The pun-laden silliness of this tremendously fun book is what I imagine the musical show Galavant was hoping to achieve -- a mish-mosh of meta, intelligence, fantasy and frivolity. It reminds me of The Princess Bride and Ella Enchanted book (but I enjoyed it more than both of those books, and the movie I refuse to compare). It might be described as Silly Historical Magical Fiction, as a sub-genre; lots of tongue-in-cheek. There are only one or two jokes I thought failed too wholly land with me, but because I was smiling every. page. it was a very amusing book with a few less funny moments (rather than comedy that was grasping).
It is more risqué than Ella Enchanted but about the same as The Princess Bride film, which is to say there are euphemisms and low level sensual interests (a longing to kiss and some admiration of appearances), but no crossing of the line. I really, really appreciated how well this was handled. (It's much more appropriate for younger readers than The Princess Bride book.)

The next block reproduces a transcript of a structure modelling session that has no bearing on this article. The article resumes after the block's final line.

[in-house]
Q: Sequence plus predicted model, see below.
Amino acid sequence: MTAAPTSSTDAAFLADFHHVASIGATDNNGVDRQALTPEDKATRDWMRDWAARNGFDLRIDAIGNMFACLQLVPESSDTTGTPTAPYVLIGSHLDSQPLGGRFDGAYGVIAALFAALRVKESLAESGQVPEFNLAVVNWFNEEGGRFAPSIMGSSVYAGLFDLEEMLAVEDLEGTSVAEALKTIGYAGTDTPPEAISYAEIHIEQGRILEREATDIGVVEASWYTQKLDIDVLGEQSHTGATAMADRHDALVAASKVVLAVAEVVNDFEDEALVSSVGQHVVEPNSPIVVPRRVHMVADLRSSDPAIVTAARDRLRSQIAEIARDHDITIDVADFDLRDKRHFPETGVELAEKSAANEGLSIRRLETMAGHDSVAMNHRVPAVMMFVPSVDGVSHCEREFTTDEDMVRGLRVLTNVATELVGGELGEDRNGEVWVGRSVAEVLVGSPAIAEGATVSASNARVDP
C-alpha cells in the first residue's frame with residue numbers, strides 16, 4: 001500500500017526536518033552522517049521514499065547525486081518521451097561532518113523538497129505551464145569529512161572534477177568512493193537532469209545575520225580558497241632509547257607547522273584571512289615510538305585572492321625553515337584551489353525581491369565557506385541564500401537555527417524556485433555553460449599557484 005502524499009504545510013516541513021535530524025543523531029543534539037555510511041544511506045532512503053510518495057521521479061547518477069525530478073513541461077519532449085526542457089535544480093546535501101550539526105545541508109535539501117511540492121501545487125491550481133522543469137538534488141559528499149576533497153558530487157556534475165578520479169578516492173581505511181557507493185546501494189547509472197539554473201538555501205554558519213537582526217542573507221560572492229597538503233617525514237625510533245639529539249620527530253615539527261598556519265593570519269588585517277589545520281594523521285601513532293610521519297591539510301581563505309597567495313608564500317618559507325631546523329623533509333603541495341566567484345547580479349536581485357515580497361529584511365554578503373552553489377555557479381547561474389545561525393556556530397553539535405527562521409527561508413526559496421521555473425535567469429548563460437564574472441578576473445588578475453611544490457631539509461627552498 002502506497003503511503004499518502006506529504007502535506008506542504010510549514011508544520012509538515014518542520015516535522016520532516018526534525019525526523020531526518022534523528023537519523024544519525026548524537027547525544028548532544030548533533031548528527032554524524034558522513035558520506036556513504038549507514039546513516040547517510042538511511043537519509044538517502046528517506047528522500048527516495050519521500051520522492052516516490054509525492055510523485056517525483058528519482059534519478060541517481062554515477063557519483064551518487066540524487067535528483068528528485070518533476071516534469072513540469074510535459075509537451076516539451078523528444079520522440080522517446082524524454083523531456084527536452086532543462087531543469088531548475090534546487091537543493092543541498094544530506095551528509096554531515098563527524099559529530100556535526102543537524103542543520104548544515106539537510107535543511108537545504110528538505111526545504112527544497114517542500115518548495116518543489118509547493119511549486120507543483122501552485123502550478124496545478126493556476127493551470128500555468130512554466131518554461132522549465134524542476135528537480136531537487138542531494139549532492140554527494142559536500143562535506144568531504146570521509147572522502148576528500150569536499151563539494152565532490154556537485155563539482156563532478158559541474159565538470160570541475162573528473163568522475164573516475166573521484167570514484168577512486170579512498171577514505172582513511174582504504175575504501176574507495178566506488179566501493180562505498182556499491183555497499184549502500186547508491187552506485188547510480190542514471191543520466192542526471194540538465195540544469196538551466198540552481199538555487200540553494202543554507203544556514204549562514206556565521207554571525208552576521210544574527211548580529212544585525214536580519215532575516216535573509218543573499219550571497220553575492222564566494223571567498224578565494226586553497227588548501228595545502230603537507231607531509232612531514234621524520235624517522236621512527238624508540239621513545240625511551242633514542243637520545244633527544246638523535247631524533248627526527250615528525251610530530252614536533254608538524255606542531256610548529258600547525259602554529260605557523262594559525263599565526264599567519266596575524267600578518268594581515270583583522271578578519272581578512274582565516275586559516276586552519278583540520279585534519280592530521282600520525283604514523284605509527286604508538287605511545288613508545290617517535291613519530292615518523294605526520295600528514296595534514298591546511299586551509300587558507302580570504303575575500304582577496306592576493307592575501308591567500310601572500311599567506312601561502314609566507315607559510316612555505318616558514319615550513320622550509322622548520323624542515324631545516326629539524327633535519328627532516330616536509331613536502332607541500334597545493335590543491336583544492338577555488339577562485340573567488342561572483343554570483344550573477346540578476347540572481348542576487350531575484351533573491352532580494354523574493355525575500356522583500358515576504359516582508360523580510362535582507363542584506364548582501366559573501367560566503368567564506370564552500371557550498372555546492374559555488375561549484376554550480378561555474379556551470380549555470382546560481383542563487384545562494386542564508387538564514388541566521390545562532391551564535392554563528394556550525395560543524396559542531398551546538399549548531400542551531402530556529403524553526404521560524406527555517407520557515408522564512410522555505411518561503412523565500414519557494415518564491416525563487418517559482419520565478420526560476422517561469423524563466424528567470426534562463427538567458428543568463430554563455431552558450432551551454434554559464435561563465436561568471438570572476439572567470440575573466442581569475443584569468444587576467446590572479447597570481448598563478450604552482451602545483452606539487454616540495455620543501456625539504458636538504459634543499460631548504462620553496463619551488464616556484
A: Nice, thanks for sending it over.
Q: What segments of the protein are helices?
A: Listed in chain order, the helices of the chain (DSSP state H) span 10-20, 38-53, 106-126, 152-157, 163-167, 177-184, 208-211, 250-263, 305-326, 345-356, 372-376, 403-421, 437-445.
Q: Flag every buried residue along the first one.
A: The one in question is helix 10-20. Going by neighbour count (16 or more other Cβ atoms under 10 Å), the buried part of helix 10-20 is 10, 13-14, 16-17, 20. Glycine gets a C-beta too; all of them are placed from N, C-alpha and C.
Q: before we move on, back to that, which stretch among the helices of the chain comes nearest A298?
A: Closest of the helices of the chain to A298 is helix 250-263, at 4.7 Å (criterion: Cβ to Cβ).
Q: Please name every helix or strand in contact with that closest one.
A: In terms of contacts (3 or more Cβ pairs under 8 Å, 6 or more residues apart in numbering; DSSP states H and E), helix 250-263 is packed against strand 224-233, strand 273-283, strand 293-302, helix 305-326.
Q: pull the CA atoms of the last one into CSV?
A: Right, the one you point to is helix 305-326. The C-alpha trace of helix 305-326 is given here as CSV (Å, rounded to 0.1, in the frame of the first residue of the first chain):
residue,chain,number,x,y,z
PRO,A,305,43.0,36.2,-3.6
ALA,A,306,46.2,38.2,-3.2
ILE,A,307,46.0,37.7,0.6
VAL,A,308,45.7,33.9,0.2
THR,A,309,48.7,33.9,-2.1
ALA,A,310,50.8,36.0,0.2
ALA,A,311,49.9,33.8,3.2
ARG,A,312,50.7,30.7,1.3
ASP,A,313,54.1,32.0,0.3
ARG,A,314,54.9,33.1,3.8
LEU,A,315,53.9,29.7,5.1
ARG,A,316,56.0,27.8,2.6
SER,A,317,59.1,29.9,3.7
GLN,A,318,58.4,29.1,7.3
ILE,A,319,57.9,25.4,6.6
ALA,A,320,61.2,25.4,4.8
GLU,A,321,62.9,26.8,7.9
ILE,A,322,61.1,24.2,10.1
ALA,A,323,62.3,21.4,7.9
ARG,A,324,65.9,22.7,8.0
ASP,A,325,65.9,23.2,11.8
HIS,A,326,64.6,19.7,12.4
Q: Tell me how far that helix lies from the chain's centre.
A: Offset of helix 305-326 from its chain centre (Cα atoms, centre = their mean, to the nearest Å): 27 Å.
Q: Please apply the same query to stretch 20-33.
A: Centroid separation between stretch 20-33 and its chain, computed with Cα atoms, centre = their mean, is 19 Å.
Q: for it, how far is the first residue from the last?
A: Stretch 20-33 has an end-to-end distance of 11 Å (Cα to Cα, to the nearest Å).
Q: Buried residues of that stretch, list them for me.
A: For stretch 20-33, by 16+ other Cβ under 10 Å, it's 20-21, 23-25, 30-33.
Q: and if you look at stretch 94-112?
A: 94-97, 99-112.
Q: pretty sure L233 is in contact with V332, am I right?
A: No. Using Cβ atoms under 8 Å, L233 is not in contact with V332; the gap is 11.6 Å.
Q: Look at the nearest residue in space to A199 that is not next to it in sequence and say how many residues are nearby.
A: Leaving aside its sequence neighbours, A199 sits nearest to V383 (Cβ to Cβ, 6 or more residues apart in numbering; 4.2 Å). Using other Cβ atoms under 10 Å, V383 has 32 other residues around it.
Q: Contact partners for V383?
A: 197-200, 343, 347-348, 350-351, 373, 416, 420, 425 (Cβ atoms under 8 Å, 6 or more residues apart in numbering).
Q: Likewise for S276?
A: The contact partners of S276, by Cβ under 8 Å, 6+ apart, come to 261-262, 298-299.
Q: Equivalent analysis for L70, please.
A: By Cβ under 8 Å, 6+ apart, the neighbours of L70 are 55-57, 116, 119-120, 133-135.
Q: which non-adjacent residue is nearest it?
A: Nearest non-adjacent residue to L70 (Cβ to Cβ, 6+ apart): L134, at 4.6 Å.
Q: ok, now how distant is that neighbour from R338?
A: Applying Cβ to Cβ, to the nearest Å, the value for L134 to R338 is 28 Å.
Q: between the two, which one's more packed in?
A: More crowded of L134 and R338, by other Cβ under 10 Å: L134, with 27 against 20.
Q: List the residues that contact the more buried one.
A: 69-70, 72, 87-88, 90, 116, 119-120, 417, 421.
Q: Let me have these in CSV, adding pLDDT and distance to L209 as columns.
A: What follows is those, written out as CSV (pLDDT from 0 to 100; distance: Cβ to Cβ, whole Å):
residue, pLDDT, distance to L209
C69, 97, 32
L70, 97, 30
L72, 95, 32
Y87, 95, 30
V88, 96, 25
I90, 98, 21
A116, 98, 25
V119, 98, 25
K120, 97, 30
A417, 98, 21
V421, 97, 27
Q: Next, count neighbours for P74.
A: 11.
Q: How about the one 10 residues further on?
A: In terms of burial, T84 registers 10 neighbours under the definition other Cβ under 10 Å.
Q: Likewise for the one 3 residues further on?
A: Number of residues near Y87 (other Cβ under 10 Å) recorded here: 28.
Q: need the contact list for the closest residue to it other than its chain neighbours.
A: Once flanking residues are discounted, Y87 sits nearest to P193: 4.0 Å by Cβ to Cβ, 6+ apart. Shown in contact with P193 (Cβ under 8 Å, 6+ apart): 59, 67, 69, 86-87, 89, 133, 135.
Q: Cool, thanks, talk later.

There are multiple points of view (and this is written by multiple authors!) but I never had a problem with it. I enjoyed each perspective plenty. There are even fourth wall interruptions, and I liked them! they matched the tone and tale so well I forgave and even enjoyed them!
There is some hat-tipping within that an unkind reader might mistake for lazy/uncreative borrowing, but I give these three lasses a lot more credit than that. They know when they've borrowed and they've done it on purpose to show you they know when a moment feels derivative. I liked that too.
Overall, this was such a fun read. More than once I checked my progress and thought, "Please go on! DO NOT END!" It's on my Book Dep wishlist. Thank you, Emma, for recommending it.
Here's another cover, which is probably a better match for the tone, but I like the first more.